‘Asean way’ not possible this time’ around

PUTRAJAYA: This year’s Asean Summit will not see leaders, ministers and officials having deep discussions along the corridors or at a quiet corner over coffee.

What is described by Foreign Minister Datuk Seri Hishammuddin Hussein as the “Asean way” – where physical interactions have at times serve as the key to resolving issues and decision-making – will not be put to use in today’s meeting.

For the first time, the meeting of Asean leaders, to be hosted by Vietnam, will be held virtually due to the Covid-19 pandemic.

Hishammuddin admitted that while a virtual summit could not be avoided, the downside of it was that the Asean way of doing things, which is to interact face-to-face, would not be happening.

“Many issues were decided along the corridors, over coffee and meals. For instance, an informal meeting over dinner among Asean foreign ministers will usually set the tone for the summit.

“This year, our so-called informal session was via video conference and that takes away a bit of the strength and uniqueness of Asean. But at the end of the day, we are not allowing the pandemic to stop us from getting the work done for the good of the region,” he told reporters yesterday.Hishammuddin said the meeting would among others discuss comprehensive recovery efforts following the impact of the Covid-19, including cross-border travel between two neighbouring “green” countries in the region, known as “green bubble”.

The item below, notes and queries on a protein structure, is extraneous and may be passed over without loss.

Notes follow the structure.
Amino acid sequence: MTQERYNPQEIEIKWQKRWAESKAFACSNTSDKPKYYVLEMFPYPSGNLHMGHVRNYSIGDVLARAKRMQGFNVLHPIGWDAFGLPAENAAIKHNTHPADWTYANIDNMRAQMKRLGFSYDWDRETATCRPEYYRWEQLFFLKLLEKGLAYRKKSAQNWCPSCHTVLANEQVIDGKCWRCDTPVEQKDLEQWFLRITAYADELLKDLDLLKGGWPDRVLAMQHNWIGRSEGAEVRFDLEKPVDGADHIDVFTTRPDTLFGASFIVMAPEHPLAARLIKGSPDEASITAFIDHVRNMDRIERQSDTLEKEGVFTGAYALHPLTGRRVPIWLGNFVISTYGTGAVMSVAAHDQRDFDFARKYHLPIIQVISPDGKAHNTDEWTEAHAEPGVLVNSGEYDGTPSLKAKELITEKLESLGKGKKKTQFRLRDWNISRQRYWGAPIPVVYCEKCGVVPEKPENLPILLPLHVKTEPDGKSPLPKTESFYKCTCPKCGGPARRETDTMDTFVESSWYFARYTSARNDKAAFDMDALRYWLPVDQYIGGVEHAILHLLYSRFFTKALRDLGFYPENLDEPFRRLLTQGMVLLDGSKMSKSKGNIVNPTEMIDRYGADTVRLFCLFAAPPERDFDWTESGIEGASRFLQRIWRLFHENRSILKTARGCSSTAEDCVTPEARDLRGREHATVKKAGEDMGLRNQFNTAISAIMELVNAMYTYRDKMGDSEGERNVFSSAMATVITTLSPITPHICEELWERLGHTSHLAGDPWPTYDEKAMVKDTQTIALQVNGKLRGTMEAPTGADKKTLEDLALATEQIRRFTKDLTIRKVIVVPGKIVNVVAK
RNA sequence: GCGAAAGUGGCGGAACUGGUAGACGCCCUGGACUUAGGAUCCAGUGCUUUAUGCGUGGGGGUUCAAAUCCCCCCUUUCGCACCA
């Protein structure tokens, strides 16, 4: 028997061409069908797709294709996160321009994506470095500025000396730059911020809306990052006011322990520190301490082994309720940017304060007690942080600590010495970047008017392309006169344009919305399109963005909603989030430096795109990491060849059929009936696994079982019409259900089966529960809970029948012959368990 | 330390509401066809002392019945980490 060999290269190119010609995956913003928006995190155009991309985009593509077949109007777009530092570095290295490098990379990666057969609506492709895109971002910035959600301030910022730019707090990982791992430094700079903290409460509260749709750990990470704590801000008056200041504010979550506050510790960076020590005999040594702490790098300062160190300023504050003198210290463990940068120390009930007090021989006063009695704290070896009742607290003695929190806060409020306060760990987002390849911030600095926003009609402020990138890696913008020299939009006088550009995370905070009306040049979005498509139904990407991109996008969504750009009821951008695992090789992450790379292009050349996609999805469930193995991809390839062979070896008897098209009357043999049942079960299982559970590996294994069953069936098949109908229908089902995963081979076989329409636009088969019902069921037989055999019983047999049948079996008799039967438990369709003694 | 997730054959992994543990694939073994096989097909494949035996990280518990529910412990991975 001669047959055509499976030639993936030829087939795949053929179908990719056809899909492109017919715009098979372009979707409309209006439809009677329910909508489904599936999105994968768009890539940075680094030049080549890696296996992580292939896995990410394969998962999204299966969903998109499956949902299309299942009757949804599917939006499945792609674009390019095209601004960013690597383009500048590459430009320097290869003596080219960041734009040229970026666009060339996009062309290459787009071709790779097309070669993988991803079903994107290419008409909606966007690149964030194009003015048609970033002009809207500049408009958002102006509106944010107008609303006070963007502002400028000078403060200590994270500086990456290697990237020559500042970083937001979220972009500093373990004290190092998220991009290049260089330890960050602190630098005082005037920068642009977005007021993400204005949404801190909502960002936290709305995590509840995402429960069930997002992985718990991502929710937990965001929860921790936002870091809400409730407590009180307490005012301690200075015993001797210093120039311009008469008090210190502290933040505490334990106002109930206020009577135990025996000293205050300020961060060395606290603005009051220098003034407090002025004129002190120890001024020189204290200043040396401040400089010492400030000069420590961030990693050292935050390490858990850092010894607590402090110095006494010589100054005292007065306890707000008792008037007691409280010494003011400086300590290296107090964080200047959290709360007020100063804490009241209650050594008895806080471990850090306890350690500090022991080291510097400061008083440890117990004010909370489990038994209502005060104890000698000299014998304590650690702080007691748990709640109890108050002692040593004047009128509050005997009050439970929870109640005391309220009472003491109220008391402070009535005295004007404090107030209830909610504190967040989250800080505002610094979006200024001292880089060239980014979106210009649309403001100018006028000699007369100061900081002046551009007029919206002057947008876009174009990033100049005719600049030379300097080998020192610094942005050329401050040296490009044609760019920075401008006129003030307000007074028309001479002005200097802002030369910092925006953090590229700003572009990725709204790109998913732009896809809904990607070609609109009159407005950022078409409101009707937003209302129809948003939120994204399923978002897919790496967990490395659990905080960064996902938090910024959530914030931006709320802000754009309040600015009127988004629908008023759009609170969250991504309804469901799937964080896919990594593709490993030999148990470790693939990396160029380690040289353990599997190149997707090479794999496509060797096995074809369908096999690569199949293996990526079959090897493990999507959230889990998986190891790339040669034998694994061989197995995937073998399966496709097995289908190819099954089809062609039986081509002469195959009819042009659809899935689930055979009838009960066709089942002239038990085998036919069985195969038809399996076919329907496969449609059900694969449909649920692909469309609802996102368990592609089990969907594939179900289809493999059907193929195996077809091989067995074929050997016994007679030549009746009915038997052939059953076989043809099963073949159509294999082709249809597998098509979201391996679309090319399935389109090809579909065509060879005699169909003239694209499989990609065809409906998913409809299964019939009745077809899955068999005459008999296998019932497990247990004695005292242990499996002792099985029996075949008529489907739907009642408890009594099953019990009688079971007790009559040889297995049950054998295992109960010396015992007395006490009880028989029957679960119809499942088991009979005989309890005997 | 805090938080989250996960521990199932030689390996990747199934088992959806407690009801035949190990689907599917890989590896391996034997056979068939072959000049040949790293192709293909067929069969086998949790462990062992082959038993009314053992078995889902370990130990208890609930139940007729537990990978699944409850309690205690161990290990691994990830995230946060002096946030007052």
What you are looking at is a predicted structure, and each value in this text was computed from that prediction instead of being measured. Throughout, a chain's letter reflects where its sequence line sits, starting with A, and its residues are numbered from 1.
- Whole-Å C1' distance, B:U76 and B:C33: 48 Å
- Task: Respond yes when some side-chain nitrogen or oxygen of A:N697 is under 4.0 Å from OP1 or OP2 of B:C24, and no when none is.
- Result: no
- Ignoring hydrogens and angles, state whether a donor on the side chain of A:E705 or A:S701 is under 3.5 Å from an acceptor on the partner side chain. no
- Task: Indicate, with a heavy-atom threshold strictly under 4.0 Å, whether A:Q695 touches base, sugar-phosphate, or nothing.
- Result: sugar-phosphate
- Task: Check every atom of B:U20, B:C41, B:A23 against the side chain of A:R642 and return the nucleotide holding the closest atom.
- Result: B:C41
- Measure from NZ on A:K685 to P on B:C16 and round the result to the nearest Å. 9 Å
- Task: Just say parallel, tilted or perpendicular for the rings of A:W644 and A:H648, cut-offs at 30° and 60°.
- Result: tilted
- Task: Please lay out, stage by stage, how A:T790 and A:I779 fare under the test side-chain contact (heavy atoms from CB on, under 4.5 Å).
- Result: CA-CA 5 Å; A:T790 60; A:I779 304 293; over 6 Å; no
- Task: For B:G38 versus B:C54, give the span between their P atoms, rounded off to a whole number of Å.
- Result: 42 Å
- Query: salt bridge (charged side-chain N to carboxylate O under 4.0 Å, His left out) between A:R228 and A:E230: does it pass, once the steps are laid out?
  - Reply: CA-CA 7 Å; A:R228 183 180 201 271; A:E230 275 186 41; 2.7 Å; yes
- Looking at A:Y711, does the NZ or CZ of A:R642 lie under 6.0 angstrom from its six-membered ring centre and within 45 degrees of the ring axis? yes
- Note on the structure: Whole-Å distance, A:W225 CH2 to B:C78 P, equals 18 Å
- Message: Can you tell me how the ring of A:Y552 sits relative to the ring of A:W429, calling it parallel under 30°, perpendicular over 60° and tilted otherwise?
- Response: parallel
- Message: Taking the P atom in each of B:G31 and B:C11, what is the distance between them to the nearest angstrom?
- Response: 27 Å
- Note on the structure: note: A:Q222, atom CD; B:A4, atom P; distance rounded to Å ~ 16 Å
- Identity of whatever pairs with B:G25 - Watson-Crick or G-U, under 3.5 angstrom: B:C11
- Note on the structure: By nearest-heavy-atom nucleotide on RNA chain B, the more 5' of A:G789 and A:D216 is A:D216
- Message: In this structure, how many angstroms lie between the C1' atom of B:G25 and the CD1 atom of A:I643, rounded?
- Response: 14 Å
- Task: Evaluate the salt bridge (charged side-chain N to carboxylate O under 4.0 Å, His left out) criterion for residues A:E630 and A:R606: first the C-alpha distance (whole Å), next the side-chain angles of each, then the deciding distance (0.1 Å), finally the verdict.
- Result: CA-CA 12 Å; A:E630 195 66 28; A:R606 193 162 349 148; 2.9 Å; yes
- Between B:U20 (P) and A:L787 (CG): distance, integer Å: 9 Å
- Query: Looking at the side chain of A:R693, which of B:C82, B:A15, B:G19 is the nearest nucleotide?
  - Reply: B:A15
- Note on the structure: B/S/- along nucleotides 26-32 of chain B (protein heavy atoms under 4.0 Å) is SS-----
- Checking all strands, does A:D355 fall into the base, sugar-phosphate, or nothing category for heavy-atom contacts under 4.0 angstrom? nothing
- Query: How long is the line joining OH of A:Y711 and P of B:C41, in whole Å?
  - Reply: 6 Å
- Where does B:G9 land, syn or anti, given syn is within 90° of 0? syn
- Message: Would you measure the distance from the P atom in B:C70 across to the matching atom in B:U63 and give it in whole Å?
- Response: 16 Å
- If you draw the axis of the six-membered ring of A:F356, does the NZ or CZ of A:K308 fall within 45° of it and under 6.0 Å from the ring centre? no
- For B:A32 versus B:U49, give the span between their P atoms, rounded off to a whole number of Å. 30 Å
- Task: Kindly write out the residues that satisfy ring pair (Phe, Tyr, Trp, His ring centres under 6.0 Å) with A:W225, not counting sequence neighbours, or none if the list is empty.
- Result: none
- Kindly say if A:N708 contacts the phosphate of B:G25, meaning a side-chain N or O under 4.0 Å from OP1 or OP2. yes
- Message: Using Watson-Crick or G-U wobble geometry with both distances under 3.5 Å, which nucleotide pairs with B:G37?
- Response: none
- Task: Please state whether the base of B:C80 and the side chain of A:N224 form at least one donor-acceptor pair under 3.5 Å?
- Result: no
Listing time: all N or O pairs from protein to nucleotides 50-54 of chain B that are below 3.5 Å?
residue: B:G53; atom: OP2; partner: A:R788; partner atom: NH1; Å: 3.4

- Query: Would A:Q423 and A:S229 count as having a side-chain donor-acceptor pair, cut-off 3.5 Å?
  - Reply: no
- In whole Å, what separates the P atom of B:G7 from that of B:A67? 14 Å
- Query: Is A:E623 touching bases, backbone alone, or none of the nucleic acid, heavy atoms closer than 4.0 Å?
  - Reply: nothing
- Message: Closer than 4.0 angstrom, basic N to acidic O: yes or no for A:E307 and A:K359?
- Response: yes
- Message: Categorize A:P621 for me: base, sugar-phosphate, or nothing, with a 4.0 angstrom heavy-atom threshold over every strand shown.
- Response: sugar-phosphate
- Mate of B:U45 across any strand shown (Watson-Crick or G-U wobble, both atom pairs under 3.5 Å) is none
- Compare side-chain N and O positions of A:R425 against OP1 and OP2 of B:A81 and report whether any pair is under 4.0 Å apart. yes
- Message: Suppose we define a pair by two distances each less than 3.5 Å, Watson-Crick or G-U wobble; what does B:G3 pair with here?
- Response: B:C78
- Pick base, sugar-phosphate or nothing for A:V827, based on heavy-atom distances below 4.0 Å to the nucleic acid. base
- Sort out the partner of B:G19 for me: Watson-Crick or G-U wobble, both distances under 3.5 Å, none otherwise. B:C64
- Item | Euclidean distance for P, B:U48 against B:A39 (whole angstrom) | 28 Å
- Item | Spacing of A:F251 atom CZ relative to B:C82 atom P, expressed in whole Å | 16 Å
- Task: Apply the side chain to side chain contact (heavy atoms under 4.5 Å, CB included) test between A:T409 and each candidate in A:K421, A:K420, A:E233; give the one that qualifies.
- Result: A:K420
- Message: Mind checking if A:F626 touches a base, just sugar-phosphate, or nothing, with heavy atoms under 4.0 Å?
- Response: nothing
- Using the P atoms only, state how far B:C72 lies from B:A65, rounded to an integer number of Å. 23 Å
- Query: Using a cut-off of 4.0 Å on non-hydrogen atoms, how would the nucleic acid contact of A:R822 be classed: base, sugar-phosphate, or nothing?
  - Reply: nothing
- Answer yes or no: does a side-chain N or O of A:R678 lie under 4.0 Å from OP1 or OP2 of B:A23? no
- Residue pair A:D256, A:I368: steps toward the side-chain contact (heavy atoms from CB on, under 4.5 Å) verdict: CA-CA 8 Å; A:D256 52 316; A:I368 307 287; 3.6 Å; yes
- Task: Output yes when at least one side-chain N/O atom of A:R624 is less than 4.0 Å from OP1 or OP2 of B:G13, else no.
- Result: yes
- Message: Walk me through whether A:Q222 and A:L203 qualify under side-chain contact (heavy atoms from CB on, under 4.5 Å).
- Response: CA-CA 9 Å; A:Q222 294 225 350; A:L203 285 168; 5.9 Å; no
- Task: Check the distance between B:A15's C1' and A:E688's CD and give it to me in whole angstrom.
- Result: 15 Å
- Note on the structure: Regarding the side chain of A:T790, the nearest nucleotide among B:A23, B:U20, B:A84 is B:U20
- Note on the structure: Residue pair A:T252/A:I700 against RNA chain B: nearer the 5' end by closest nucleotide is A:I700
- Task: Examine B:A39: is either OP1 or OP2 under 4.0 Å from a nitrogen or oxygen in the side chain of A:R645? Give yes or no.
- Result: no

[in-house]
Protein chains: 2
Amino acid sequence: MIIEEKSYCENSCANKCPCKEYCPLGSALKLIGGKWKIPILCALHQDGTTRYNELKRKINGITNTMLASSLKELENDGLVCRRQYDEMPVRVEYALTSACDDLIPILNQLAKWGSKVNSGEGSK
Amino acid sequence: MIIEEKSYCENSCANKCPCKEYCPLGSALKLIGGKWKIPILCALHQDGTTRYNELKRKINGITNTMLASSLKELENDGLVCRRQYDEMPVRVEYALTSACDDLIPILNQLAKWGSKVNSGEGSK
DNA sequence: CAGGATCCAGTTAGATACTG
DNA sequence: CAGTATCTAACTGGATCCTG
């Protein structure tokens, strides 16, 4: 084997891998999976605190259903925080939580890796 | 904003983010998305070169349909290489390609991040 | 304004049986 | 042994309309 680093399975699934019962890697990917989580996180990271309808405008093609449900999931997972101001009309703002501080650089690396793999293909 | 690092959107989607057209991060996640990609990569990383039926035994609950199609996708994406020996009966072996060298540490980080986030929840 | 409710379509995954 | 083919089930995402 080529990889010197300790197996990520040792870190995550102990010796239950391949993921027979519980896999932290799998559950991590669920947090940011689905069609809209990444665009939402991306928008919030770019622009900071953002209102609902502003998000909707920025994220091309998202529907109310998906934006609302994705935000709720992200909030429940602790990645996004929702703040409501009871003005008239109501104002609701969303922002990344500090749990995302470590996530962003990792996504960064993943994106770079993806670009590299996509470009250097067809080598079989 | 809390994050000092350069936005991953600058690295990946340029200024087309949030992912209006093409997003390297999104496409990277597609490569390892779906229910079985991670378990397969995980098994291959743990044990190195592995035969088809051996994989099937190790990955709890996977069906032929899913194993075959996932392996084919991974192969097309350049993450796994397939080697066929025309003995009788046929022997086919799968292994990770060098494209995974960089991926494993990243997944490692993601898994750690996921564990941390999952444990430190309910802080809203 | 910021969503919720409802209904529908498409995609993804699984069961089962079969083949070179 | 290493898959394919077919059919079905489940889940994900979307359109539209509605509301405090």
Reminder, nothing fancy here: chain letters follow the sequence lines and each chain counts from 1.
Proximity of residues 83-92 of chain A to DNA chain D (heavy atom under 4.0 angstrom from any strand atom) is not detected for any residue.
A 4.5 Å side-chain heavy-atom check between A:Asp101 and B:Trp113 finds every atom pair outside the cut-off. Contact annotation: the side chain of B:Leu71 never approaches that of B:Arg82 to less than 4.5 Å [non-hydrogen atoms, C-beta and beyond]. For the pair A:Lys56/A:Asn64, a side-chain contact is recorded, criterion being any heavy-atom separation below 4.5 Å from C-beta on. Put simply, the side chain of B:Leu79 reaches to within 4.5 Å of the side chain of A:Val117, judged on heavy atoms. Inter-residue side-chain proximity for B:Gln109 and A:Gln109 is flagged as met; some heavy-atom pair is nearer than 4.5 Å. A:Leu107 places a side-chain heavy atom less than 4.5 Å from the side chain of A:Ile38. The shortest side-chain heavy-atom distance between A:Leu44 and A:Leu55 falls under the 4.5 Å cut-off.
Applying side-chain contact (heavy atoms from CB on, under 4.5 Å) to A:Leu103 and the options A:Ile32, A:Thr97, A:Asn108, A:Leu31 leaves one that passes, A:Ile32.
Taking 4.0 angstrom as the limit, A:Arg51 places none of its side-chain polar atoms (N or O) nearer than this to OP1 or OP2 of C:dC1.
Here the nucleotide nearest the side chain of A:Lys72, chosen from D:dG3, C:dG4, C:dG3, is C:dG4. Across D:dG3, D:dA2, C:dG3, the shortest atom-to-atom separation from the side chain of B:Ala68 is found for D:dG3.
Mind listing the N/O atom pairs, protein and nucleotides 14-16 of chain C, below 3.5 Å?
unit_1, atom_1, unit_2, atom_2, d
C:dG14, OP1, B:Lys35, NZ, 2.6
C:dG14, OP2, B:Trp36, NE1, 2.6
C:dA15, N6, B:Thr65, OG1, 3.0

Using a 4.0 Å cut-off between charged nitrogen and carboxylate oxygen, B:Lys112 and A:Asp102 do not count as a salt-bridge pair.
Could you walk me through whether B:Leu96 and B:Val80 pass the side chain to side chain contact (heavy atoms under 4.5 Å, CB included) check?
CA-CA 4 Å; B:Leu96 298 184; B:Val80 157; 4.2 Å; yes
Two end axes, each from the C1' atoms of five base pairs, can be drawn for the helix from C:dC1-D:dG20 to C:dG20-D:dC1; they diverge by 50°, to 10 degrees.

He said the movement of people was important to kickstart tourism and regional economies.

“However, this must be accompanied by standard operating procedure (SOP) as we must ensure the safety of the people.”

The “green bubble” or “green lanes” concept involves easing travel restrictions between two or more countries where local infections and cases are low.

For example, Singapore is said to be in talks with several counties, such as Australia, China and South Korea, to establish such “green lanes” among them.

Malaysian health authorities said that it would only consider introducing the “green bubble” concept in easing the country’s cross-border travel when the Covid-19 infections come under control during the recovery movement control period.

In discussing the reopening of borders with his Singapore counterpart Vivian Balakrishnan, Hishammuddin said both countries agreed on a step-by-step approach with SOP and health guidelines in place.

To a question, he said Wisma Putra would facilitate arrangements and diplomatic relations should the Home Ministry decide to allow Myanmar to repatriate its people who are here without valid documents.

“Wisma Putra will wait for the Home Ministry to decide on the matter,” he said.

Hishammuddin was responding to reports that Myanmar has asked for Malaysia’s assistance in repatriating illegal workers following reports that eight suicides of undocumented migrants from the country had taken place.

By MAZWIN NIK ANIS.

Read more @ https://www.thestar.com.my/news/nation/2020/06/26/asean-way-not-possible-this-time-around#cxrecs_s

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